Does Job-Search Assistance Affect Search Effort and Outcomes? A Microeconometric Analysis of Public versus Private Search Methods
Denis Fougere (),
Jacqueline Pradel () and
Muriel Roger ()
No 1825, IZA Discussion Papers from Institute of Labor Economics (IZA)
In this paper, we examine the disincentive effects of the public employment service on the search effort of unemployed workers and on their exit rate from unemployment. For that purpose, we specify a structural search model with fixed and variable costs of search in which unemployed workers select their optimal search intensity given the exogenous arrival rate of job offers coming from the public employment agency. Because the theoretical effect of an increase in this exogenous job offer arrival rate on the structural exit rate from unemployment is ambiguous, we estimate this model using individual unemployment duration data. Our results show that the exit rate from unemployment increases with the arrival rate of job contacts obtained by the public employment service, especially for low-educated and low-skilled workers. They also show that the search effort is more costly for low-educated women and low-skilled adult unemployed workers. This last result suggests that a public employment agency that matches searchers and employers is beneficial, in the sense that it saves searchers in terms of search costs they would otherwise bear.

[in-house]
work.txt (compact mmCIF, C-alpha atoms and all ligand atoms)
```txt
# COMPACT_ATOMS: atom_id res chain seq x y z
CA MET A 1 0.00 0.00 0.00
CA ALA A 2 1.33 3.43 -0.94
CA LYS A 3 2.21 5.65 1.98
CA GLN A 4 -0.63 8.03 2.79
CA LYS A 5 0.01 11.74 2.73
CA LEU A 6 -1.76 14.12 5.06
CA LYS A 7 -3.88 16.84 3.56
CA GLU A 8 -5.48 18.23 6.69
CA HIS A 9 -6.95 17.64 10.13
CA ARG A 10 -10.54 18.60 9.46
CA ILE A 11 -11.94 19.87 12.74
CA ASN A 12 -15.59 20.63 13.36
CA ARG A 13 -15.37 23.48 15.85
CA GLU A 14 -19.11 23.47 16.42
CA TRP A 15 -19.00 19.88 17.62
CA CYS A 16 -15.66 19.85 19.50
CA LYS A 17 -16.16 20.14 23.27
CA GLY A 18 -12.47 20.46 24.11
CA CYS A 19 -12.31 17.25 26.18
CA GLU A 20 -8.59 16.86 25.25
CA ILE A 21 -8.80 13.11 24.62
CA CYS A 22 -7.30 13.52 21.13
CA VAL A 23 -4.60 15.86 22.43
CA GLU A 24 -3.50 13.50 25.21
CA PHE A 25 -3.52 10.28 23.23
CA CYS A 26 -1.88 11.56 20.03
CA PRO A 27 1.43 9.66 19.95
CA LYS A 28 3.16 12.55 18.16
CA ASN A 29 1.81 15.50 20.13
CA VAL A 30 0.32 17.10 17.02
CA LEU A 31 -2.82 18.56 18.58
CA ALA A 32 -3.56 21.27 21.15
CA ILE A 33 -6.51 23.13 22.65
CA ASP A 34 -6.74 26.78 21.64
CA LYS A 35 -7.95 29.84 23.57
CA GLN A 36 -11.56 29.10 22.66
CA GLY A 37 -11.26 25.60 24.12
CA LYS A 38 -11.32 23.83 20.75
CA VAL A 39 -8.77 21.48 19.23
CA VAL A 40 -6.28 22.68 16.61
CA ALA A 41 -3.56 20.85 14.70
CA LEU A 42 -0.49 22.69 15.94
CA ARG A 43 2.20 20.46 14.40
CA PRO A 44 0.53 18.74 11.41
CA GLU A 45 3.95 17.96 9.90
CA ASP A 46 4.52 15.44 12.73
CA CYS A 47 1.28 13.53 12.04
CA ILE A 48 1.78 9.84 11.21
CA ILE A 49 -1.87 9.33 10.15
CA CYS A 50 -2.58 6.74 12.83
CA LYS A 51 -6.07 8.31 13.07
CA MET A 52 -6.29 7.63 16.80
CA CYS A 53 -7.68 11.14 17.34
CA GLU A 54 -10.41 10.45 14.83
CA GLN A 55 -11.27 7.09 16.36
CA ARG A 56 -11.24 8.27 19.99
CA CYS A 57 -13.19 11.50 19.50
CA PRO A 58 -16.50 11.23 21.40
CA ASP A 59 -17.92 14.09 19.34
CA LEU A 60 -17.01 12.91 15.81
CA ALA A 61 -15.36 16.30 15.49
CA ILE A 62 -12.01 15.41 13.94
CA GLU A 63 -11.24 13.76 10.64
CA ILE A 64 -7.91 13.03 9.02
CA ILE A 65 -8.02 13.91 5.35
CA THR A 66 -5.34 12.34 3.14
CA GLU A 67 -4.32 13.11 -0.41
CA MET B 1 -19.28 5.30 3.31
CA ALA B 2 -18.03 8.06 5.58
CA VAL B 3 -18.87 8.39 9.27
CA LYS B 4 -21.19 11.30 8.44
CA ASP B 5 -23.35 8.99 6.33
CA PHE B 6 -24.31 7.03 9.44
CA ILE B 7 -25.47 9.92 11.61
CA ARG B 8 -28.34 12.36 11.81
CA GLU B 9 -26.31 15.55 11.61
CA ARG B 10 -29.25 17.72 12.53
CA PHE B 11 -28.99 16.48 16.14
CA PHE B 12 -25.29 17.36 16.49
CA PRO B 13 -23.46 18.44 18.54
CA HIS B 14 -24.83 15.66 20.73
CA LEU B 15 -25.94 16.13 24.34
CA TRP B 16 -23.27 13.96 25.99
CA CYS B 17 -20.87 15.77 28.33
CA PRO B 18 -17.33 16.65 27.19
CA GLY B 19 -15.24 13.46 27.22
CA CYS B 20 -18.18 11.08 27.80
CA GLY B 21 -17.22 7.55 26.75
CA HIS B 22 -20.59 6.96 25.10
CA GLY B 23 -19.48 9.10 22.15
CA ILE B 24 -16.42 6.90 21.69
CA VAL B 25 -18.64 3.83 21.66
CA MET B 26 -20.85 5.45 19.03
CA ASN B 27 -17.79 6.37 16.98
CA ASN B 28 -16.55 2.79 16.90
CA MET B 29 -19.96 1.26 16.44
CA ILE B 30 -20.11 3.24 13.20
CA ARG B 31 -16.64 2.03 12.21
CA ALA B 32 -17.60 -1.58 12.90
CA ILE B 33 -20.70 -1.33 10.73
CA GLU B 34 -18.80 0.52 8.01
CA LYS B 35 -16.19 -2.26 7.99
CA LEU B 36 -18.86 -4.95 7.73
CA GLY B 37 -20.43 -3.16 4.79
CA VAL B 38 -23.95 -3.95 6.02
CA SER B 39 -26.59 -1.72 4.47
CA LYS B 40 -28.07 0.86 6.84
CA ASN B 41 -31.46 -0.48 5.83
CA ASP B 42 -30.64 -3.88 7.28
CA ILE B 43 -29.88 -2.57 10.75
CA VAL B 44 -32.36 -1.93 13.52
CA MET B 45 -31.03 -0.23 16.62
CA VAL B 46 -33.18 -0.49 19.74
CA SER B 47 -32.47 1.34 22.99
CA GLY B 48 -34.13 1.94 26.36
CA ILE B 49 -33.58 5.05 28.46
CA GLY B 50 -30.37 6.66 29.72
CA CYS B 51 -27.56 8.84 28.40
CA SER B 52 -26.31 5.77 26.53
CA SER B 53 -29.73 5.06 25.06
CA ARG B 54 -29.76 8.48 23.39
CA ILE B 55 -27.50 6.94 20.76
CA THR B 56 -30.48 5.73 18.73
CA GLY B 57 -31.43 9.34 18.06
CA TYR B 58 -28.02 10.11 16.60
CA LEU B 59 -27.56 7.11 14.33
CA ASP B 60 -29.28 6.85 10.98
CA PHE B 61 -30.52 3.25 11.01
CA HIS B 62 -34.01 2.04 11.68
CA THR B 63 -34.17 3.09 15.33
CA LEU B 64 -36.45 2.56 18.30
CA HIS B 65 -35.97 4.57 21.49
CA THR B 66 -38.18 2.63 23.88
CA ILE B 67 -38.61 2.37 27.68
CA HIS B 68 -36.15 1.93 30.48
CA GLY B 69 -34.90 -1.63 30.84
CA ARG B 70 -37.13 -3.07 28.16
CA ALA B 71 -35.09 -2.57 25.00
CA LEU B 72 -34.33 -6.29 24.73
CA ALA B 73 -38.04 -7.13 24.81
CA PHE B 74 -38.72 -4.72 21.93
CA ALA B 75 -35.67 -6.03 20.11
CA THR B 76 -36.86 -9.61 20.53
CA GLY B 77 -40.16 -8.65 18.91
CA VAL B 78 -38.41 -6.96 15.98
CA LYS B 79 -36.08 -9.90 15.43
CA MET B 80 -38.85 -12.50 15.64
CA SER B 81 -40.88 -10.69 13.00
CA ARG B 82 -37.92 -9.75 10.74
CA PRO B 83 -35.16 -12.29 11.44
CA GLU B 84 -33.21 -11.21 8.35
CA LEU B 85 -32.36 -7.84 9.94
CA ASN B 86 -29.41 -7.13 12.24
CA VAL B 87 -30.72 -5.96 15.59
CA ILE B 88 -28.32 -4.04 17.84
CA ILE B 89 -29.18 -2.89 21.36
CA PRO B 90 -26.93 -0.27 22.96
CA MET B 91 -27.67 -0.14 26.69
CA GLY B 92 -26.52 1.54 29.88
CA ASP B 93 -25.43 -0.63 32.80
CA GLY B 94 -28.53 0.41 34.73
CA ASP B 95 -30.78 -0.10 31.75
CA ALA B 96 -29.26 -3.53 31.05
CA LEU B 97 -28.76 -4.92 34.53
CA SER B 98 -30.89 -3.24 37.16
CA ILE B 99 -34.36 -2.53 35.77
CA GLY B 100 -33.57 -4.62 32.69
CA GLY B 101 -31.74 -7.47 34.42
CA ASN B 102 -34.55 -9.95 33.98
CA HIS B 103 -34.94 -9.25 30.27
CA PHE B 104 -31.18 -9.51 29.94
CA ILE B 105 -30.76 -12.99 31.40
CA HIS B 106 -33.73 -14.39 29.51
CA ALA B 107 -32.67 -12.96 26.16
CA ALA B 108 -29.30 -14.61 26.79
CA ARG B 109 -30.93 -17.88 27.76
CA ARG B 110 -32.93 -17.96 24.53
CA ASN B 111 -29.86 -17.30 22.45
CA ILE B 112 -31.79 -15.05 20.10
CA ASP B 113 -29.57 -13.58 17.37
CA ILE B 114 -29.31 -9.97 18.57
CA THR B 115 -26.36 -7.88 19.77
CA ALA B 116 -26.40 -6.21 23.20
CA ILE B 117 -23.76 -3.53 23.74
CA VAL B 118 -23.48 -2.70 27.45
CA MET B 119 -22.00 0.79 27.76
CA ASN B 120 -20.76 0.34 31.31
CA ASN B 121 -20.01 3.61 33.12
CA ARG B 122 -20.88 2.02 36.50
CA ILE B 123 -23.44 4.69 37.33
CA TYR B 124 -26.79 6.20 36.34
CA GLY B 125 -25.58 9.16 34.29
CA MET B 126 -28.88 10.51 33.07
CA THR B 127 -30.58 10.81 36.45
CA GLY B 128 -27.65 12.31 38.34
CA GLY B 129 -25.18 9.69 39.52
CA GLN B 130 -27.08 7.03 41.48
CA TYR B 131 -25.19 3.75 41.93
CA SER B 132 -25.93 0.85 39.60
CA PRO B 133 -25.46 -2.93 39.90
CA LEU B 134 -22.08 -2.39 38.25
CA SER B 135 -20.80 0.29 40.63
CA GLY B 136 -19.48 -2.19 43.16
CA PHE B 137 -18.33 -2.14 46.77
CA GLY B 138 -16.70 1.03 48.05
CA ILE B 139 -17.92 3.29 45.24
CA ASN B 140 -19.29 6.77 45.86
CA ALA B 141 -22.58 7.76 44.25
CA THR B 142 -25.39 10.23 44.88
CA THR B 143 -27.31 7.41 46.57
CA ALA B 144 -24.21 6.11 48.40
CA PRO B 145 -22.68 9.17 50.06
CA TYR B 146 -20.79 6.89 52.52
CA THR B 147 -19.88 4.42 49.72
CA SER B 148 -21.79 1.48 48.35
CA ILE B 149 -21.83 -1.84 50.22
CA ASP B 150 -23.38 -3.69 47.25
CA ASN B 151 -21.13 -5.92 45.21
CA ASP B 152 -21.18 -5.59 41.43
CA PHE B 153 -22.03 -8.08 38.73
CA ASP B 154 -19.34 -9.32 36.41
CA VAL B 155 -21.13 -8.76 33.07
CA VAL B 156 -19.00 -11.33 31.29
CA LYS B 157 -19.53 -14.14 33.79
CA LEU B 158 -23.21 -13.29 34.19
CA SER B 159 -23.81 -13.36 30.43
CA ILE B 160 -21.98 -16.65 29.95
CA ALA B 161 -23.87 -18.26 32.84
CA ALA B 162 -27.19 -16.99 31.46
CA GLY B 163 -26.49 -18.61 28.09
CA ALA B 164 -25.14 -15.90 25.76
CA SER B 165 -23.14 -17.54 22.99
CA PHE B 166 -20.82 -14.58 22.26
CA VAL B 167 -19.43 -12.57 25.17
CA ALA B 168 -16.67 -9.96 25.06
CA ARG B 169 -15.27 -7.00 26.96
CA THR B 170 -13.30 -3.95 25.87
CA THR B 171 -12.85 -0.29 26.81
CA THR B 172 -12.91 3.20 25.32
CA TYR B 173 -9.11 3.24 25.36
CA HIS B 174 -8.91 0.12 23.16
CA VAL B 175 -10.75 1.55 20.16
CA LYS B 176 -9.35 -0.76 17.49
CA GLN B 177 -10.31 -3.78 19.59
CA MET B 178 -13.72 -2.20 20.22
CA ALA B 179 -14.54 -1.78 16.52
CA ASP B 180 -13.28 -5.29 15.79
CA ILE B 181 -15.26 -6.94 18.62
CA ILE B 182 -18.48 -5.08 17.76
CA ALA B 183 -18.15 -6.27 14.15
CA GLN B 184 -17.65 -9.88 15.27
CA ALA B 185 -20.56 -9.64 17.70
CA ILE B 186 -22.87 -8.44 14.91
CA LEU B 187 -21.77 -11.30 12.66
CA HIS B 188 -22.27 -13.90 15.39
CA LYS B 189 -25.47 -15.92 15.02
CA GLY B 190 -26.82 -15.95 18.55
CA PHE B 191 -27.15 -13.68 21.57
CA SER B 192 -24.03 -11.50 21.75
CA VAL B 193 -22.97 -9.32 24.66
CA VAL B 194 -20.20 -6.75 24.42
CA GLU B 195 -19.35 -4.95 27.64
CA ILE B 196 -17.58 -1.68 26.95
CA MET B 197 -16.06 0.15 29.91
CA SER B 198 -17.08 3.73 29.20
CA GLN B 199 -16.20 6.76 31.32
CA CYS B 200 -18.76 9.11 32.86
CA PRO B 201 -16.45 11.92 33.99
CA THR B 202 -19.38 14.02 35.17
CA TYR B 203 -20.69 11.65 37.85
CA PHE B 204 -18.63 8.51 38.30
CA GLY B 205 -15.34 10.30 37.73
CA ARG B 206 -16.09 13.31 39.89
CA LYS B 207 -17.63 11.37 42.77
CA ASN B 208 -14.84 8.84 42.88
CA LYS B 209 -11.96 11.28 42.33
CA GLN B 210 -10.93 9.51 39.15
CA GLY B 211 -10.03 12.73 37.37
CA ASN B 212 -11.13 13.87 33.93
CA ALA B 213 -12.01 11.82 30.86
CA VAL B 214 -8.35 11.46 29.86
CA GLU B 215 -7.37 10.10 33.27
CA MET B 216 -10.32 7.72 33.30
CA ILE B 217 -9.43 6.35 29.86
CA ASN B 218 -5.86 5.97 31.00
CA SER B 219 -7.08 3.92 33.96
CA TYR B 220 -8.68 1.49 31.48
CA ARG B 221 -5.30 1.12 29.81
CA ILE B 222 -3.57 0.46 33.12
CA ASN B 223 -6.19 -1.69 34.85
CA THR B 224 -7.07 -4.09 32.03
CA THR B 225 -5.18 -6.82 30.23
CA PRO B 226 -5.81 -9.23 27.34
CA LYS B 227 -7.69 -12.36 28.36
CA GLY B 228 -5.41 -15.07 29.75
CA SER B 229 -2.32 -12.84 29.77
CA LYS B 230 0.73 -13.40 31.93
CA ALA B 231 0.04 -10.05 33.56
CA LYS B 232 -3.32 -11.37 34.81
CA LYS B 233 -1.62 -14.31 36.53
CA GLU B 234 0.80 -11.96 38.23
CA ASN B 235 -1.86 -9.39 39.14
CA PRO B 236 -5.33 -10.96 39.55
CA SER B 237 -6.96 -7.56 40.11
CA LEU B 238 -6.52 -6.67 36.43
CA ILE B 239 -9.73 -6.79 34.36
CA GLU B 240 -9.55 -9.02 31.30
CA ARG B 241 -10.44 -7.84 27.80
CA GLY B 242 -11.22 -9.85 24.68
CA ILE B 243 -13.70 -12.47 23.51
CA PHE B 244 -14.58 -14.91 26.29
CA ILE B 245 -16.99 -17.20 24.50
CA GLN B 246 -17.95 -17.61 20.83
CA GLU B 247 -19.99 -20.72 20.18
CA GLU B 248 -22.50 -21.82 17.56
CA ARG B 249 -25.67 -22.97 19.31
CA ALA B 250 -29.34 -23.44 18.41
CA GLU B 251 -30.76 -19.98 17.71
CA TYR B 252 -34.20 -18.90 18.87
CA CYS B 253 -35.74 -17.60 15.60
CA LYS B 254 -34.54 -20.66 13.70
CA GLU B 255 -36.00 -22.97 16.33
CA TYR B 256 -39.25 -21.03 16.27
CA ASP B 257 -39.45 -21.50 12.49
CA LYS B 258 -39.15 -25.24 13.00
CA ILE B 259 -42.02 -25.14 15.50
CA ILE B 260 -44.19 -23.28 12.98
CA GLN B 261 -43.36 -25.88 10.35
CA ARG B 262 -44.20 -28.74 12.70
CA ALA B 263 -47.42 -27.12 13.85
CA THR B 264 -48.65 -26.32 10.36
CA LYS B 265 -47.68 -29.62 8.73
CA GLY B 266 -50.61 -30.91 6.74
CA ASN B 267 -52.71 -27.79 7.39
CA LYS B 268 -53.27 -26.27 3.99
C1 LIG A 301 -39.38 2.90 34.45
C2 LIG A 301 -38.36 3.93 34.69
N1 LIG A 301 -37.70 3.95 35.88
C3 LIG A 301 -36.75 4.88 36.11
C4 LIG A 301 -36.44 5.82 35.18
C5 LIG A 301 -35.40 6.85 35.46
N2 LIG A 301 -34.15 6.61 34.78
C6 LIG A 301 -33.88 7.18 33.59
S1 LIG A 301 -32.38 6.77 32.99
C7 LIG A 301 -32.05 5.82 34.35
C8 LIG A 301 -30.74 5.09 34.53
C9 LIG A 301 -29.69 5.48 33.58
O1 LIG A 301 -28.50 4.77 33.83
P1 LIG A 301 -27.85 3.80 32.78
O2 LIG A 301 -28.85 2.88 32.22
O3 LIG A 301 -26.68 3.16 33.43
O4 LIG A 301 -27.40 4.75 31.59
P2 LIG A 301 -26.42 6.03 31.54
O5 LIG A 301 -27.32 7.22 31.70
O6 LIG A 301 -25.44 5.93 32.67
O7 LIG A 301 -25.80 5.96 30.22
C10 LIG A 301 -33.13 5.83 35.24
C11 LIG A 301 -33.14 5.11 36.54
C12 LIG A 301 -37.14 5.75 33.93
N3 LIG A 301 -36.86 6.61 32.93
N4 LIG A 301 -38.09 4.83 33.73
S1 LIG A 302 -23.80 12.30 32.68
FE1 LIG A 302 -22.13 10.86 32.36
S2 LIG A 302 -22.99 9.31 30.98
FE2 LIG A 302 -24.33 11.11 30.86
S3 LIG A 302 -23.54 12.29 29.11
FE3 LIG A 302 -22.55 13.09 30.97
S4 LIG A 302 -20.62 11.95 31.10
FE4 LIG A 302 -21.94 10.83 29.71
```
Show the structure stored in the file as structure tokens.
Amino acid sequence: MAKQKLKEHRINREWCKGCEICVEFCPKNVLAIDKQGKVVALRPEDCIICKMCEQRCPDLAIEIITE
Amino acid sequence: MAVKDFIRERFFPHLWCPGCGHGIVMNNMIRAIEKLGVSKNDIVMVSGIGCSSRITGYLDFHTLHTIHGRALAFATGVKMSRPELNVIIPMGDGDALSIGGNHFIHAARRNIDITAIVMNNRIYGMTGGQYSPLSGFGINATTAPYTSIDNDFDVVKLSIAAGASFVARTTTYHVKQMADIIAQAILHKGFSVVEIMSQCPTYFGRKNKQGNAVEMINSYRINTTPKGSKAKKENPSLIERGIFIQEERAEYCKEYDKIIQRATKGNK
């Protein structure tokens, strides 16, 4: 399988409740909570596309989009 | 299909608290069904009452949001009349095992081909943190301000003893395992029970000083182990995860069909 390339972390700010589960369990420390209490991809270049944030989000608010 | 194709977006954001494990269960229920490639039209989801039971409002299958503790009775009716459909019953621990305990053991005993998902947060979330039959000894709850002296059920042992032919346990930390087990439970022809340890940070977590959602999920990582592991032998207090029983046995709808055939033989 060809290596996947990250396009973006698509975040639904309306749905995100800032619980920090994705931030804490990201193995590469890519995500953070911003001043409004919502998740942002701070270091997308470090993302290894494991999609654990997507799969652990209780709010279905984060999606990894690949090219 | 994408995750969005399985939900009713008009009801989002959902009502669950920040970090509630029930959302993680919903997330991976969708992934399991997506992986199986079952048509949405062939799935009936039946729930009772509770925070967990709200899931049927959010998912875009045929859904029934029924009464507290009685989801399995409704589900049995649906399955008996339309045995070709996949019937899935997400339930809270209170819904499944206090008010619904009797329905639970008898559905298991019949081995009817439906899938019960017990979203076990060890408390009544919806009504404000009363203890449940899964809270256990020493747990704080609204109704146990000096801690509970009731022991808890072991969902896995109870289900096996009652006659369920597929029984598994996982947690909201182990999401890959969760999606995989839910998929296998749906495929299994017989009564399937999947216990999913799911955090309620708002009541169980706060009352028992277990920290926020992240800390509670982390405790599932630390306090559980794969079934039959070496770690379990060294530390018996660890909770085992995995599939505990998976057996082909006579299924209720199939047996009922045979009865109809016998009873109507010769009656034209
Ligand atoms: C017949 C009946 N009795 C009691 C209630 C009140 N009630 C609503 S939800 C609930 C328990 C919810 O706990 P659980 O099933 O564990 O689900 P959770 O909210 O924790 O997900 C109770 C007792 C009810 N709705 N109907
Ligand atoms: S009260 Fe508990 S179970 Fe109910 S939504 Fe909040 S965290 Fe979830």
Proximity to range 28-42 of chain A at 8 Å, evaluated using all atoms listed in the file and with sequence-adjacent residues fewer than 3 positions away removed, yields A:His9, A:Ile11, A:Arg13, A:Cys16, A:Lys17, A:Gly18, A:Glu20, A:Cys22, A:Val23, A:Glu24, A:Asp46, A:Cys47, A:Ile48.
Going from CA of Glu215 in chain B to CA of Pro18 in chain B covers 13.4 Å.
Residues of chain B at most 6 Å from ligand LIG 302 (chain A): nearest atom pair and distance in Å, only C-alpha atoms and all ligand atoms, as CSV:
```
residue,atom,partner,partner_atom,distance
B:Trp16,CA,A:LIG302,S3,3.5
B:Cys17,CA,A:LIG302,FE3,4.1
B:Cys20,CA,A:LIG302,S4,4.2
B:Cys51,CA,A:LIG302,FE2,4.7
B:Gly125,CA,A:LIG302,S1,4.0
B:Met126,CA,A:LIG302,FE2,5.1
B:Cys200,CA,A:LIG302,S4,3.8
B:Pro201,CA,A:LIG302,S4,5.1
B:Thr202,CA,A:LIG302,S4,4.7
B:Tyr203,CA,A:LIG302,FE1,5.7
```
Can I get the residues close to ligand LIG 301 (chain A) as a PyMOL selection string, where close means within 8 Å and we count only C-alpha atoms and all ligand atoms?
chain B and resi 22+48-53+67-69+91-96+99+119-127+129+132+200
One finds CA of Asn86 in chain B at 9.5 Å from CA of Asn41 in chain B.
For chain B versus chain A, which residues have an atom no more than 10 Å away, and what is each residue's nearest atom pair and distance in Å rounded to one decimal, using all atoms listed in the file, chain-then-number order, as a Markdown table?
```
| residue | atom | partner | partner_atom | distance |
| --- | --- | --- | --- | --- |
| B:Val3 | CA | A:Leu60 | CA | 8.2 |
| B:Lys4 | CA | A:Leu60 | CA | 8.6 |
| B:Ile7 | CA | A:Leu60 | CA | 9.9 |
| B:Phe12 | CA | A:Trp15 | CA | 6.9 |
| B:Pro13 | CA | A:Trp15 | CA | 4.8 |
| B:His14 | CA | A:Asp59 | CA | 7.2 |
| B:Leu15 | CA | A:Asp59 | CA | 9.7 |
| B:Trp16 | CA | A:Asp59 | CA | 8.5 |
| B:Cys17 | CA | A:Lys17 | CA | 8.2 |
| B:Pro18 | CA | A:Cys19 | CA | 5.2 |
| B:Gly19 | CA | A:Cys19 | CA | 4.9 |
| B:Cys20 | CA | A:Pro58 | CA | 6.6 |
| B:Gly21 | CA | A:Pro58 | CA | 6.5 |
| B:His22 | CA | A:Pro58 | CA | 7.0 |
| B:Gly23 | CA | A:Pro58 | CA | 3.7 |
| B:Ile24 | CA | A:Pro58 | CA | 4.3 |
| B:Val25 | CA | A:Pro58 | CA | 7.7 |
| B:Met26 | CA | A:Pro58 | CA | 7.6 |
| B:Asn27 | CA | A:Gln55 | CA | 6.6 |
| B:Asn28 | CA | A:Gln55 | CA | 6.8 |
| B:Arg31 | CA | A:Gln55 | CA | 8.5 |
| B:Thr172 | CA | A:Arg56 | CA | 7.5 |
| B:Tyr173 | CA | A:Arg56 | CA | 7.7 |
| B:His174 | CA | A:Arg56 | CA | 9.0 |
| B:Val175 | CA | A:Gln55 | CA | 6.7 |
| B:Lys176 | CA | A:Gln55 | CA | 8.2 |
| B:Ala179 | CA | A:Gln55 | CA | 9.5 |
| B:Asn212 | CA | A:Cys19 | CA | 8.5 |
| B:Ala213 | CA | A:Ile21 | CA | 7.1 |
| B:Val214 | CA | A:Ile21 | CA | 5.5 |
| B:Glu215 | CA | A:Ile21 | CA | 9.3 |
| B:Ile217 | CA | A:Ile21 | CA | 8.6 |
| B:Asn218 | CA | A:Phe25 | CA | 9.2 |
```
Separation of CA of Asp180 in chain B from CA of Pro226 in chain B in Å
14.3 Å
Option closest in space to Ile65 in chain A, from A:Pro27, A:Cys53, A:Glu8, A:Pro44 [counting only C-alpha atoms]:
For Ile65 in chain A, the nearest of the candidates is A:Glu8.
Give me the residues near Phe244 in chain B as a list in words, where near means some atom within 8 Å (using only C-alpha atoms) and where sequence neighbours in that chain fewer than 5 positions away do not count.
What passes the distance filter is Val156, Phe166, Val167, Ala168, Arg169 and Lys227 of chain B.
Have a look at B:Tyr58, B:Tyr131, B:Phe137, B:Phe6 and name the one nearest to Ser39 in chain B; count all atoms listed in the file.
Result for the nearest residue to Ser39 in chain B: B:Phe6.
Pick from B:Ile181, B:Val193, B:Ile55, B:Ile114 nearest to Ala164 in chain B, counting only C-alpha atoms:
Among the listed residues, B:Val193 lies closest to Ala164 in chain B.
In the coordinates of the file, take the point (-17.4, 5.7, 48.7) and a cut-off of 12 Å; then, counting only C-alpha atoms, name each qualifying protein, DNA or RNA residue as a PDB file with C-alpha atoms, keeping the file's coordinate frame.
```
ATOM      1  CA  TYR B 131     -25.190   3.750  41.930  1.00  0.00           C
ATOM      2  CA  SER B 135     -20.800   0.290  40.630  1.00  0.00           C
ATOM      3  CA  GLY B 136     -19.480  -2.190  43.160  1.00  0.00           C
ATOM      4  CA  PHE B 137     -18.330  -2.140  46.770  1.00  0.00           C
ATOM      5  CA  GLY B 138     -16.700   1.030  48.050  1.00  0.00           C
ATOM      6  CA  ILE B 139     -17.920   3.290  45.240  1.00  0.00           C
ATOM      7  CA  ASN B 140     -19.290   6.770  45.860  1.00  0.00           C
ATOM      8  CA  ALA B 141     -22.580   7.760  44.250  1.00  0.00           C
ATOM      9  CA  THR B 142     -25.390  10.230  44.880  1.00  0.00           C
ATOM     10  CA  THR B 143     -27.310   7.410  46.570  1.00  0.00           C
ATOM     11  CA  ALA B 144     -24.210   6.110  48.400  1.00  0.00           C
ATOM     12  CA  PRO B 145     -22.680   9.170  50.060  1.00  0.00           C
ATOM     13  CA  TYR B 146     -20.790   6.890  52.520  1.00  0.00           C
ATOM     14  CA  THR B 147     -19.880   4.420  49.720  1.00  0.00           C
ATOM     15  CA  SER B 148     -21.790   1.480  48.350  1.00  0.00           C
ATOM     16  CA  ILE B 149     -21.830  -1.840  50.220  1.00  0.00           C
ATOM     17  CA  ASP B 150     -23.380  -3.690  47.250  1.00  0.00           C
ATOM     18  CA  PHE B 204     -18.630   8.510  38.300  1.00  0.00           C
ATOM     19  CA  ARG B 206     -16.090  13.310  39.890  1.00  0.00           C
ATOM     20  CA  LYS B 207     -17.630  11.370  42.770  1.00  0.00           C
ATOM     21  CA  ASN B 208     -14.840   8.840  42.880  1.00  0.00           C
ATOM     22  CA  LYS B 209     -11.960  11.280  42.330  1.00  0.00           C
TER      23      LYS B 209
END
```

Keywords: public employment agency; search intensity; job search; simulated maximum likelihood (search for similar items in EconPapers)
JEL-codes: C41 J64 (search for similar items in EconPapers)
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Published in: European Economic Review, 2009, 53 (7), 846-869
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Working Paper: Does Job-Search Assistance Affect Search Effort and Outcomes ? A Microeconometric Analysis of Public Versus Private Search Methods (2005)
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